Moves to make Lambeth a ‘plastic-free’ authority by April are proposed in a motion at next Wednesday’s council meeting by Green party Cllr Scott Ainslie.
A Labour amendment wants to delay the move until December.
Cllr Ainslie’s motion – which will not be debated – calls for:
ending the sale and provision of SUP (single use plastic) products such as bottles, cups, cutlery and drinking straws in council buildings, and work with tenants and operators in commercial properties owned by Lambeth council to do the same at meetings and events;
investigating the possibility of requiring pop-up food and drink vendors at council events to avoid SUPs as a condition of their contract;
encouraging the borough’s businesses, organisations and residents to go ‘single-use-plastic-free’ working with best practice partners to explore the creation of a ‘plastic free network,’ providing business support, practical guidelines and advice to help local businesses transition from SUPs to sustainable alternatives.
becoming a ‘single-use-plastic-free’ authority by the end of April 2018, phasing out the purchase and procurement of SUPs through the council’s supply chain
making Lambeth council a full signatory of the ‘Plastic Free Pledge’*
Council will monitor its progress to improve on recycling waste from buildings and parks and help residents and visitors to use alternatives, such as re-filling bottles from taps.
Labour are moving an amendment which deletes the word ‘April’ and amends the last paragraph to read: Council welcomes the progress made in increasing recycling rates since 2014 and resolves to continue to monitor its progress to improve on recycling waste from buildings and parks and help residents and visitors to use alternatives, such as re-filling bottles from taps.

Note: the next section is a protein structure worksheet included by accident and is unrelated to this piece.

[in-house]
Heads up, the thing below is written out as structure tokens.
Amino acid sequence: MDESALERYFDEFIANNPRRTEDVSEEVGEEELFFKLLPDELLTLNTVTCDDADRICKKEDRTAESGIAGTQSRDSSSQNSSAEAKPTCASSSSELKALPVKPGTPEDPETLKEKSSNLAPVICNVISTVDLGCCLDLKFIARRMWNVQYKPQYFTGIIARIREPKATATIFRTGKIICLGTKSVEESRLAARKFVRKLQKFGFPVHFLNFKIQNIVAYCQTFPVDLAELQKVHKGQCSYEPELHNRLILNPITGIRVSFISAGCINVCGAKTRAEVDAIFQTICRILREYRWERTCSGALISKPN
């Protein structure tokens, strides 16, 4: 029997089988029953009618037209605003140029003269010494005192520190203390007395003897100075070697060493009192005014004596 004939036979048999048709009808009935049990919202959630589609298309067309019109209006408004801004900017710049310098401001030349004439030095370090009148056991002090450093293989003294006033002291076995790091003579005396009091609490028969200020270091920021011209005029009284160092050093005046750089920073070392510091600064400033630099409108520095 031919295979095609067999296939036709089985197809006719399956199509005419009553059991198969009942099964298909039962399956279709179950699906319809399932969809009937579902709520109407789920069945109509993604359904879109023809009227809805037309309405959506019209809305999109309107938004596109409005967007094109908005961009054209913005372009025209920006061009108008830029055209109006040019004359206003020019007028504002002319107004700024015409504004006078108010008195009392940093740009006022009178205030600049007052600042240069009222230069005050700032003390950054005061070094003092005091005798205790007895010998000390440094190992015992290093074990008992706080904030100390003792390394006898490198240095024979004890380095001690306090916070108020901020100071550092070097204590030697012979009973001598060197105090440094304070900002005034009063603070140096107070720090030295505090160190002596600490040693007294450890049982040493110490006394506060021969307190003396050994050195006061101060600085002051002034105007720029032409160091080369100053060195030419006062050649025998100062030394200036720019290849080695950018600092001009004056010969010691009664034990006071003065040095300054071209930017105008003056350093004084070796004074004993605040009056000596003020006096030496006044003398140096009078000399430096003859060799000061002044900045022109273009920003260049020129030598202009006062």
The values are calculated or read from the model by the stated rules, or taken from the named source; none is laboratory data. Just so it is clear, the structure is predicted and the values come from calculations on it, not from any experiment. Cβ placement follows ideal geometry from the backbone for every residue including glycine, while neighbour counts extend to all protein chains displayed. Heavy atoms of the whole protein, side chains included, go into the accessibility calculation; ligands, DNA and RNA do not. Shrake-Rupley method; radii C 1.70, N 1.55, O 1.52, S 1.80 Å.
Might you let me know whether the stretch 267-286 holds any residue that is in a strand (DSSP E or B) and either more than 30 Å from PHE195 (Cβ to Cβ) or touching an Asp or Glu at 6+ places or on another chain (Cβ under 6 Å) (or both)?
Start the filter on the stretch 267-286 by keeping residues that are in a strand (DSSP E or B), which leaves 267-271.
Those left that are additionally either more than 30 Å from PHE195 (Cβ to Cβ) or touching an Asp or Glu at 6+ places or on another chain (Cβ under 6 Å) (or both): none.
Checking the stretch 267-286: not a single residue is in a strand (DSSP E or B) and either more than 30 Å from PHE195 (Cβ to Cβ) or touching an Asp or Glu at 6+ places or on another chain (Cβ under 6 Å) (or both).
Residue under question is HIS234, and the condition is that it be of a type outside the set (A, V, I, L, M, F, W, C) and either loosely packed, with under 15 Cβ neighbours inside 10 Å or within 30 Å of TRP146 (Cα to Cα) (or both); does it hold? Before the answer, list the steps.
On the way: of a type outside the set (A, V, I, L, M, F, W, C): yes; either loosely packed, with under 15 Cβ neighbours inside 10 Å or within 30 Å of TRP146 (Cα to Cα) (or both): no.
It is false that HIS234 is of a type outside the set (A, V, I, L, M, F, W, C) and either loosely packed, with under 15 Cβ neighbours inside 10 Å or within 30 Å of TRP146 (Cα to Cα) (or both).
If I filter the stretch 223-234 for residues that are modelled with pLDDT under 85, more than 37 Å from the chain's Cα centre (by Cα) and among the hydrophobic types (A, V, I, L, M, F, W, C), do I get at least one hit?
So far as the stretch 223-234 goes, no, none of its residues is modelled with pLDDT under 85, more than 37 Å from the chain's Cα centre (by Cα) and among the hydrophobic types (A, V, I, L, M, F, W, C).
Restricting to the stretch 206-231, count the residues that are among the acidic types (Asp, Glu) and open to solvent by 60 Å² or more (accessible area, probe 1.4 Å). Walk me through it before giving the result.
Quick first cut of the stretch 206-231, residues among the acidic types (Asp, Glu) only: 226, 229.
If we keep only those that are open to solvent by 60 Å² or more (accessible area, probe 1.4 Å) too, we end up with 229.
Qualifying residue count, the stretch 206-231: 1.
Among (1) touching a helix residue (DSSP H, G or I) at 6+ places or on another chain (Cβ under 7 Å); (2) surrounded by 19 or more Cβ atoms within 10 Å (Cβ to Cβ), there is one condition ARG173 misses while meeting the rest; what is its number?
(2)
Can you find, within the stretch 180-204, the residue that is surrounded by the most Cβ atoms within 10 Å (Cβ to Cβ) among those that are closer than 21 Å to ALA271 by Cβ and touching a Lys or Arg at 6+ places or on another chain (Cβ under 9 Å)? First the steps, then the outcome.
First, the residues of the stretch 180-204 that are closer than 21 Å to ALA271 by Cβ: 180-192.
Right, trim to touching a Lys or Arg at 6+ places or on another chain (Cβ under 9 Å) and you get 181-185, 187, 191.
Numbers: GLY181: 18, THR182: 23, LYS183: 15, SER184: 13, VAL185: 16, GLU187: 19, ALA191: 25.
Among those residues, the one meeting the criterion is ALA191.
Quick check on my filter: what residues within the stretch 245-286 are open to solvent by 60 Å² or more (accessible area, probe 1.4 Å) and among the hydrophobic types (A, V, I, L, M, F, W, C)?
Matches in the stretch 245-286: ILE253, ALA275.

Cllr Ainslie told News From Crystal Palace: “I feel passionately about this issue and feel that it’s every person and every organisation’s duty to reduce plastic use.
“The amount of plastic generated in the UK is estimated to be five million tonnes.
“More than 40 species of fish consume plastic, and and a third of the fish surveyed on the south coast of England were found to contain plastic in a 2016 survey.
“Plastic pollution alone could be costing developing and industrialised nations up to $1.27 billion annually as it threatens fishing, shipping and tourism – and this is before we even begin to talk about the obvious damage plastics do to marine life.
“Mendip district council passed a motion in December to become a “single use plastic free” council by April 2018 – this involves phasing out the use of ’single use plastic’ (SUP) products such as bottles, cups, cutlery and drinking straws in all council activities.
“It seemed reasonable to expect Lambeth council to throw equal weight behind such an idea, especially as Lambeth Labour seem very keen to prove their green credentials at the moment.
“Obviously, I’m extremely disappointed that Labour have altered the motion to show that they only commit to “exploring” these possibilities, refusing to commit to an announcement on becoming a ‘single-use plastic free’ authority until the end of 2018.
“At that point the local elections will have passed and, if the results are in their favour, they can simply opt to return to business as usual.
“Lambeth Labour cannot be considered trustworthy when it comes to environmental issues as they’ve welched on numerous promises, including recycling rates and air pollution.
“What I want, and what I think most of the general public want, is clear ACTION on this issue, not an extended period of relaxed pondering. “Time is running out as more environmental damage is done, and this is completely unsatisfactory.
“No one out greens the Greens.”
*The Plastic-Free Pledge: to reduce my consumption of non-biodegradable, plastic products by:
1. Using reusable bags at the grocery store.
2. Choosing biodegradable products and packaging over plastic.
3. Eating and drinking out of re-usable glass, metal, or other non-plastic containers.
4. Encouraging my friends, family, and community to reduce their plastics consumption, too!
Learn more at PlasticAlbatross.org